This article was originally posted last Monday over at Any Given Sunday Project. It’s a reflection on the Catholic Mass readings from this past weekend. The article is being re-posted here as part of our ongoing Jesus, Justice Joy series.
And Jesus Wept
It’s perhaps best known as an answer to a trivia question: what is the shortest bible verse?
It’s found in this past Sunday’s Gospel reading: “And Jesus wept.” People who reflect and preach on the pericope of the raising of Lazarus often rightly point to this verse as indicative of Jesus’s humanity. Even the crowd that has gathered that day remark on the love that Jesus must have felt for his friend.
But do they miss what’s really going on?
Jesus has just encountered the sister of Lazarus, Mary, and other Jews who had come to mourn with her. The passage says Jesus is “perturbed” and “deeply troubled” at seeing them. He asks to visit the tomb, and then weeps.
Certainly this passage is about many things: resurrection foreshadowed, messianic power, and the divinity and humanity of Jesus Christ to name a few. But when someone identifies the weeping of Jesus as evidence of his humanity, as evidence that he shared our human experiences completely (except our sinfulness), that’s where I think something important is overlooked.
I do believe Jesus was sad at his friend’s death — though he also seems to delay his trip to visit his at-the-time ill friend on purpose, and seems to know before he departs to travel to him that Lazarus has already died. What is it then that brings Jesus to tears?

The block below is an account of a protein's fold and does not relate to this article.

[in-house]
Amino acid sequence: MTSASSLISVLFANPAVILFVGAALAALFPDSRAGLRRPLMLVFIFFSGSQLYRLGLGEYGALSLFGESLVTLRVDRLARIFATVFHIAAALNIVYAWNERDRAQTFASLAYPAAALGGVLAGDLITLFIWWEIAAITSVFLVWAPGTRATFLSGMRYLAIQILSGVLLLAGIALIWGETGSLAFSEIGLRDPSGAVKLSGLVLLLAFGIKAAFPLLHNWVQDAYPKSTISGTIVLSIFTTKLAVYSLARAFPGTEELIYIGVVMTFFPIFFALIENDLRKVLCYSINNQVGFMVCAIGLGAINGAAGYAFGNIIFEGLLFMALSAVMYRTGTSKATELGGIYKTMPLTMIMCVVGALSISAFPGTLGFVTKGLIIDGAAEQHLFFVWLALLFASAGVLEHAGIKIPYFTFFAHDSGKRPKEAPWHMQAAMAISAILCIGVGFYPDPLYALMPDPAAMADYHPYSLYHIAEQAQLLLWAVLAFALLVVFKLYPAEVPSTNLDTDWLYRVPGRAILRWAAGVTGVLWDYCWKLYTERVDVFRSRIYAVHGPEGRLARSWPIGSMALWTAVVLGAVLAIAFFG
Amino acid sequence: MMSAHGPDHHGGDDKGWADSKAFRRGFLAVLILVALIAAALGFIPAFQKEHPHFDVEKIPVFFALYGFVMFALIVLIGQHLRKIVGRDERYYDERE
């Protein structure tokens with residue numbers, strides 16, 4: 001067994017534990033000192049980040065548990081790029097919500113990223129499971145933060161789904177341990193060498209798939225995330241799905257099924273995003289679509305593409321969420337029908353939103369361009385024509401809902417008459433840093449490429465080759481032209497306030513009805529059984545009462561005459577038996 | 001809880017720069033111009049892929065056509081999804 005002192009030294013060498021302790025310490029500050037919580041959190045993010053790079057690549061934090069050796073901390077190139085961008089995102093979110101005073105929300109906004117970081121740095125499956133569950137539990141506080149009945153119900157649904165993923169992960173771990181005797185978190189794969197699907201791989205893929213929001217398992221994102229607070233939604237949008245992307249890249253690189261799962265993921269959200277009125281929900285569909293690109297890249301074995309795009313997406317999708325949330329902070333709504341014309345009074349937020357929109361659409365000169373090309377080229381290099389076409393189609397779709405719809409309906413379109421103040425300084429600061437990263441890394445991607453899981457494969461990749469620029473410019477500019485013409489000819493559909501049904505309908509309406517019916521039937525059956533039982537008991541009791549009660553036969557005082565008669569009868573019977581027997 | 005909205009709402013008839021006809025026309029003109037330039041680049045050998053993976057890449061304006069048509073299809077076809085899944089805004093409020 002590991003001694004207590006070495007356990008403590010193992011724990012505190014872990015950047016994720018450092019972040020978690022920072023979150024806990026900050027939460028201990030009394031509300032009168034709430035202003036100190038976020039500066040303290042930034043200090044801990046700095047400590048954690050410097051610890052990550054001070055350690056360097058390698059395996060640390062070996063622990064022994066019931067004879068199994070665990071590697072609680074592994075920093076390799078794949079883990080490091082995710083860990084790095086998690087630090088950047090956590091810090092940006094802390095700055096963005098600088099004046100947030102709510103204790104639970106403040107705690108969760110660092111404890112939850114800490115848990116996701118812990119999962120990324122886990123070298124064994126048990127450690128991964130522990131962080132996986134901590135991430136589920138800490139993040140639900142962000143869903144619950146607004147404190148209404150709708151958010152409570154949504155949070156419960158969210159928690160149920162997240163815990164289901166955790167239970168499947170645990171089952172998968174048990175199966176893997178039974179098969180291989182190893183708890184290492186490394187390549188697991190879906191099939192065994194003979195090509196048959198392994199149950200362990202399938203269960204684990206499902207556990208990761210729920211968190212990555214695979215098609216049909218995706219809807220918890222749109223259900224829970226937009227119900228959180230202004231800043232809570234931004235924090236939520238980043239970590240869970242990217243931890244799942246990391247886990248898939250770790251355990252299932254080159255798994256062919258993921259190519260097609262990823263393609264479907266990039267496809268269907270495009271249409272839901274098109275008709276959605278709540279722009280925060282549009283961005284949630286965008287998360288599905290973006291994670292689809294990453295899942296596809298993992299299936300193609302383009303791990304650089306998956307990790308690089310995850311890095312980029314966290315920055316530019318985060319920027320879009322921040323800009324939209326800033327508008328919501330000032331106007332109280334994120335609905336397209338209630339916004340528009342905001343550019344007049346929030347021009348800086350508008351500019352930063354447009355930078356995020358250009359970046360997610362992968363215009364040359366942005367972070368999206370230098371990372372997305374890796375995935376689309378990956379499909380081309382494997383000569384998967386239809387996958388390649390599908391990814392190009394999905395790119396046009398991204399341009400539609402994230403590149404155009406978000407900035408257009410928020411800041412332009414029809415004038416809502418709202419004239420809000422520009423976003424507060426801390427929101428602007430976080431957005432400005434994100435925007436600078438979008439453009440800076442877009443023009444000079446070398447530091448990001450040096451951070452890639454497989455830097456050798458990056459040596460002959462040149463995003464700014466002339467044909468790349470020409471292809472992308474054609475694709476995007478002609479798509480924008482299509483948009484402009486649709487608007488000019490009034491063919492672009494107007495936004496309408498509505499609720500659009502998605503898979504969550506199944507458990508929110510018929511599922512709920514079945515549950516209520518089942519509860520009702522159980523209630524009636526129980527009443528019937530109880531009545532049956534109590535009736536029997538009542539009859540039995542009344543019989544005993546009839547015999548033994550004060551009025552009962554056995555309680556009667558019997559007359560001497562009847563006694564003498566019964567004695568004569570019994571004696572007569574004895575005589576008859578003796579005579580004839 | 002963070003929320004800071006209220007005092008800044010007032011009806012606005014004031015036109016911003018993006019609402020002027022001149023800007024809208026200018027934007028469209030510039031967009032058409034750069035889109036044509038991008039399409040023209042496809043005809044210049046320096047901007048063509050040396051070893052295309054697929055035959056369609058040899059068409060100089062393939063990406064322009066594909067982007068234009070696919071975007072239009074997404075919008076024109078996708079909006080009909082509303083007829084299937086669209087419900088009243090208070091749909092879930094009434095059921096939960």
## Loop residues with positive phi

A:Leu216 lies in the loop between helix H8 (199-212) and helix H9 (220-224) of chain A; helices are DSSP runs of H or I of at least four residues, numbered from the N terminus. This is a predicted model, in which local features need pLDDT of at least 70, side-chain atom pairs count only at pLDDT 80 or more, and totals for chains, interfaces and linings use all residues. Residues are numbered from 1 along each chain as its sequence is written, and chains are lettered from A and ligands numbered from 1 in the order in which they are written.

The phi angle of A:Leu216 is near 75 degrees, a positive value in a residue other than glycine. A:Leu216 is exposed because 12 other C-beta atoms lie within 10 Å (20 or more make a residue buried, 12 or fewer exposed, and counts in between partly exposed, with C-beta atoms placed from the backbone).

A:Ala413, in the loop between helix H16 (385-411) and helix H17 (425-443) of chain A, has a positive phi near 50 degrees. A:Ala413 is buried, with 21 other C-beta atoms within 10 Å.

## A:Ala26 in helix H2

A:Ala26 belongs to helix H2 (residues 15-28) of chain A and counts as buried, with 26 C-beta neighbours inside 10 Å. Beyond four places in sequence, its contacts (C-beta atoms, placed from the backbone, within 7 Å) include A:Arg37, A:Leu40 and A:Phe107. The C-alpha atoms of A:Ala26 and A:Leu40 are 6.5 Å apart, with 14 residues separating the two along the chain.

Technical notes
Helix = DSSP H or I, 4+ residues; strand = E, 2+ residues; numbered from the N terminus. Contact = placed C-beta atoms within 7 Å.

I believe it’s empathy at witnessing his sister’s and the other’s mourning — seeing and hearing their tears and grief. It’s empathy: the ability to understand and share the feelings of someone else. While there are more and more studies that suggest certain animals show, for instance, consolation, there is no doubt that humans by far are the most capable of empathy.
It’s so important that Jesus experienced empathy — in that it would make sense for God to choose for our salvation to become like us in almost every way.
And this same Jesus calls us to empathy today: to understand the plight of refugees fleeing war and destruction, to sense the anxiety of those whose healthcare is more expensive than they can afford, to feel the hunger of someone who depends on the kindness of others every day for their daily bread… or simply to share the sadness of someone who has lost a loved one, or who is having a bad day, or who just needs someone to listen to their frustrations.
“And Jesus wept.” It’s more than just trivia: it’s an important part of who we are and who Jesus was (and is), and our it’s our connection to something truly divine.